A federal judge has ruled that several Maryland State Police troopers violated anti-abortion protesters' right to free speech when they asked the protesters to leave Harford County during a 2008 demonstration.
The ruling issued July 12 in the U.S. District Court of Maryland concluded that troopers acted unconstitutionally by arresting 18 members of the Defend Life organization for allegedly disrupting traffic along Route 24 in Abingdon.
Defendants named in the suit against Maryland State Police included superintendent Col. Terrence Sheridan (who recently announced he will retire at the end of this month), Charles Neighoff, Dona Bohlen, Walter Rasinski, Christopher Bradley, Charles Mohr, Ernest Meads, and Mitchell Nuzzo.
The agency contended it was inundated with complaints about the graphic images of aborted fetuses the demonstrators were holding as they stood along the side of the busy highway.
U.S. District Judge Richard Bennett wrote in his opinion that the protesters' right of free speech "was unquestionably restricted," and although troopers cited traffic concerns, they did not collect evidence or take pictures of any traffic backup.
The judge therefore decided that the order to disperse was made solely on the basis of the content of the pictures, according to the opinion.
Bennett, however, also ruled against protesters' claims that the troopers used an unconstitutional "gender-specific" search or excessive force in making the arrests.
Bennett noted that another law enforcement agency, the Harford County Sheriff's Office, refused to help the state police in making the arrests, "something it rarely does," he wrote.
Also, while the troopers claimed to act according to a county permit ordinance, none of them bothered to read or understand the ordinance before suppressing the protesters' speech and making the arrests, Bennett wrote.
As a result of the decision, the protesters are entitled to press for damages in a separate proceeding. A case administrator for the court said Monday there is no record yet of any such claim being filed.
The state police, meanwhile, filed an appeal with the 4th Circuit U.S. Court of Appeals on July 20.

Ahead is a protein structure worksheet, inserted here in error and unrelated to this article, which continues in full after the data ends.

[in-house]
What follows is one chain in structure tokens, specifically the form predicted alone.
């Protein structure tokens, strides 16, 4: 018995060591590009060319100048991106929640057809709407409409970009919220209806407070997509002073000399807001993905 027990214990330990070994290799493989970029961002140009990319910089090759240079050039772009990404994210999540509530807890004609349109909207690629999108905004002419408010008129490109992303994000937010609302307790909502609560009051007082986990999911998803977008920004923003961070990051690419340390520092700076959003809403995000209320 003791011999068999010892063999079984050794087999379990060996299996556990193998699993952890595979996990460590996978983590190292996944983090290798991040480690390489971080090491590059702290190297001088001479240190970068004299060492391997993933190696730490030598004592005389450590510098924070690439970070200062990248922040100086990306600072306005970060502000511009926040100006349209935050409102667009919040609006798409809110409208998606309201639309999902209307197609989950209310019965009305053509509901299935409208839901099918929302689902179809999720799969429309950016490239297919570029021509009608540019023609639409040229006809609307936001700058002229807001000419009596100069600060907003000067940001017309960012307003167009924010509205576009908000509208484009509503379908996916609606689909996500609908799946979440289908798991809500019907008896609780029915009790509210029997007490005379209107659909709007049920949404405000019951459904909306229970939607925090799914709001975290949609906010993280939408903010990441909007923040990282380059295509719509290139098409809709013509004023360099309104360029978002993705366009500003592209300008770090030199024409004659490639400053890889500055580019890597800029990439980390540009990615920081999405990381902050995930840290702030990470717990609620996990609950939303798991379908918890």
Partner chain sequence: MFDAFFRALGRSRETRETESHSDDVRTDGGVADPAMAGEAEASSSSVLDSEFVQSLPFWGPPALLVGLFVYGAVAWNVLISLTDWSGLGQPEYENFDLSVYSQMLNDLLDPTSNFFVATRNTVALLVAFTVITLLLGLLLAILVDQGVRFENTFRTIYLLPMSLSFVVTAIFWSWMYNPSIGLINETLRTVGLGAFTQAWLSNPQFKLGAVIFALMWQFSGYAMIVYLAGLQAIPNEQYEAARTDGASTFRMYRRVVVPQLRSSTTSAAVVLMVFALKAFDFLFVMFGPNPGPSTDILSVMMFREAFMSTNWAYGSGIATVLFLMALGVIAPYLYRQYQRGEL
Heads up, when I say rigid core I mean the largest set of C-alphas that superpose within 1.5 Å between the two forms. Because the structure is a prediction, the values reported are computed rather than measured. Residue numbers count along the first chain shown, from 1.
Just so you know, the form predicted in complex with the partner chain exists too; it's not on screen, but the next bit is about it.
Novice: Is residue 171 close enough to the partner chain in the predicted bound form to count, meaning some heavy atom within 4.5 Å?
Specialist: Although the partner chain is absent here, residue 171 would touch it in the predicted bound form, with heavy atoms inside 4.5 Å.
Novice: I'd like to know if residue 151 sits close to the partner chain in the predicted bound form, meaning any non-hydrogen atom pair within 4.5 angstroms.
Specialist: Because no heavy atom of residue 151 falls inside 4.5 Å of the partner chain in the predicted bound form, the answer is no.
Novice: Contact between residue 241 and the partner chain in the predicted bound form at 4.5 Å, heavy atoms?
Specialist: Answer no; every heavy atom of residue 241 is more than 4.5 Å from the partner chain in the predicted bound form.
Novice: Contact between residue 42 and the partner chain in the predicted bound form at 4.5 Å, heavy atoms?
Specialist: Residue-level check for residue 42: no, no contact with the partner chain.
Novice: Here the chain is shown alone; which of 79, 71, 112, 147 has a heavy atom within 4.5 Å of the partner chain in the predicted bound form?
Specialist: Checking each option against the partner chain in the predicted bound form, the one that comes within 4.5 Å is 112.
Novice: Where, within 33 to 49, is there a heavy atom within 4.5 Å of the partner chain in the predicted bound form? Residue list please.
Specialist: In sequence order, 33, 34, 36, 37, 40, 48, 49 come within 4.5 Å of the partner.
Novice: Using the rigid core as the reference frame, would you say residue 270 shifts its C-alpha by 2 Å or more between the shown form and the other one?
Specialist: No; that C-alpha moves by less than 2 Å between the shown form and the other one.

Steve Ruckman, a spokesman for the Maryland Attorney General's Office, said Tuesday his office is reviewing the judge's decision.
Elena Russo, spokeswoman for Maryland State Police, wrote in a July 15 statement that troopers responded to the scene on the day of the protest only after receiving calls from motorists who complained of individuals walking through and disrupting traffic at the intersection. The protest took place in the vicinity of the intersection of Routes 24 and 924.
"Troopers acted in the interest of public safety and upon the advice from the county's state's attorney's office," Russo wrote.
Bennett's decision makes the Maryland State Police the only party found liable in the protest lawsuit, which also was brought against the Harford County Sheriff's Office and the Bel Air Police Department.
Earlier this month, the Bel Air Police Department, which also arrived at the scene but made no arrests, was cleared of allegations that several officers participated in the arrests.
The Harford County government settled with Defend Life last year and was removed from the lawsuit. The county made an undisclosed monetary payment to the group.
Harford County Attorney Rob McCord said terms of the county's settlement will still not be made public because of the pending appeal by Maryland State Police and the potential for the additional trial on damages.
McCord had said last year he would be willing to make the county's settlement terms public once all the litigation is concluded.